Every time severe winter weather hits the US or Europe, reporters like to say that global warming could be to blame. The paradox is as follows: as the arctic sea ice melts and the polar atmosphere warms, the swirling winds that restrict the cold arctic air weaken, causing it to continue flowing south. But this idea, popularized a decade ago, has long been received with skepticism by many atmospheric scientists who found the proposed link unconvincing and saw little evidence of it in simulations of the climate.
Now, the most comprehensive model investigation into this connection has delivered the worst blow to date: Even after the massive sea ice loss expected in the middle of the century, the polar jet stream will only weaken by tiny amounts – at most 10% of its natural fluctuations. And in today’s world, the impact of ice loss on winter weather is negligible, says James Screen, a climatologist at the University of Exeter and co-head of the study, who presented his findings at the annual meeting of the European Geosciences Union last month. “To say that the loss of sea ice had an impact in a particular extreme event, or even over the past 20 years, is a stretch.”
The idea that the loss of Arctic sea ice could affect mid-altitude winter weather continued in a 2012 article by two climate researchers, Jennifer Francis, now at the Woodwell Climate Research Center, and Stephen Vavrus of the University of Wisconsin, Madison, by. It started with a simple observation: the Arctic is warming almost three times faster than the rest of the world. At the time, sea ice loss was believed to be the main accelerator for this amplification: since light, reflective ice is replaced by dark, sunlight-absorbing water, the Arctic warms, resulting in more ice loss and thus more warming.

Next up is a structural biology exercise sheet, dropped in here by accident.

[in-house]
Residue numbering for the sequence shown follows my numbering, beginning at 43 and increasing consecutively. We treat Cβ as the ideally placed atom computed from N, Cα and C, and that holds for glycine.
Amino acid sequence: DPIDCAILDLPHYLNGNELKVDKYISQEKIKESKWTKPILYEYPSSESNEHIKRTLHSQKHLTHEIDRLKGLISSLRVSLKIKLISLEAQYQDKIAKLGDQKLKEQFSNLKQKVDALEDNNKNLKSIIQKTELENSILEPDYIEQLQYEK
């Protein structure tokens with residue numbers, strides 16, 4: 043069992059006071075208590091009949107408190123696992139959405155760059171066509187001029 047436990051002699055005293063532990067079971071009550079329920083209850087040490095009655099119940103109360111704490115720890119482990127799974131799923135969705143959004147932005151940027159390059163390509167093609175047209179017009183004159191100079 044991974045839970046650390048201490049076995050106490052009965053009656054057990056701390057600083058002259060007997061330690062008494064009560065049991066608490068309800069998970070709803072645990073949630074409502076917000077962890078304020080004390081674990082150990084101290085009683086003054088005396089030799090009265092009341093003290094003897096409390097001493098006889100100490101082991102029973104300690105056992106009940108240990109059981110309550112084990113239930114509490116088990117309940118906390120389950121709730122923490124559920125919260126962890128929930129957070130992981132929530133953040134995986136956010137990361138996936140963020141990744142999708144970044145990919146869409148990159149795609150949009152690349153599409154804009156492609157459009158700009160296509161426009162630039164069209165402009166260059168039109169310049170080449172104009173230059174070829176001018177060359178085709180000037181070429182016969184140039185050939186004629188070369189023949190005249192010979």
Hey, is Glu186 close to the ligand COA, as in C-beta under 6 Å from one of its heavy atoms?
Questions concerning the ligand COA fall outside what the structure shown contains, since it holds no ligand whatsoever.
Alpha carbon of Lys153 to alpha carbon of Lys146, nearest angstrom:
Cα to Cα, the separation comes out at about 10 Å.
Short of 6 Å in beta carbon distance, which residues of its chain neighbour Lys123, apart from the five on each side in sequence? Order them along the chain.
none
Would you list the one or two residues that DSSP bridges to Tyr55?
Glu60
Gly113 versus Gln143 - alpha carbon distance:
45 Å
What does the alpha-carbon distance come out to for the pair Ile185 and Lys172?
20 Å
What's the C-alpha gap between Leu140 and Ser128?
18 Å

Warming, Francis and Vavrus suggested, would inflate the height of the polar troposphere – the lowest layer of the atmosphere and home to the weather. This would reduce the pressure differentials between polar air and medium latitude air that drive the polar jet stream that separates the air masses and keeps cold air around the pole. The jet would grow weaker and more ferocious, sending cold air in further south. In their paper, Francis and Vavrus argued that such a trend was visible in weather records and worsened as the Arctic warms and ice is lost.
A lot has changed since then, says Francis now. “Like all things, when you immerse yourself in them, they get more complicated.” Most significantly, the 25-year trend that she and others found in observations from the late 1980s to the early 2010s weakened after another decade of observations. Although sea ice loss continues, there is little evidence of colder winters, more cold extremes, or more frequent weakening or rippling of the jet stream in Eurasia or North America. The new computer modeling matches the observations, says Doug Smith, climate researcher at the UK’s Met Office and another co-lead of the modeling effort. “There is no inconsistency.”
In the year-long study known as the Polar Amplification Model Intercomparison Project (PAMIP), the researchers each performed more than a dozen climate models 100 times. One series of model runs simulated the Arctic atmosphere without significant sea ice loss using sea temperatures and sea ice extent from 2000. The other kept sea temperatures the same, but reduced ice cover to 2 ° C by the extent of global warming expected in decades if the Arctic could be ice-free in summer. If the oceans stay the same, the impact of sea ice loss – if any – should be highlighted.
The models found not only a tiny effect of sea ice loss on the polar ray, but also no coherent indication of a second proposed effect of the reduced sea ice: more frequent disturbances of the stratospheric polar vortex – a second group of swirling winds much higher. Such disturbances, which occur on average every two years, ultimately cause cold air in the atmosphere to rush south and cause extreme winter storms, including the cold that hit Texas last winter.
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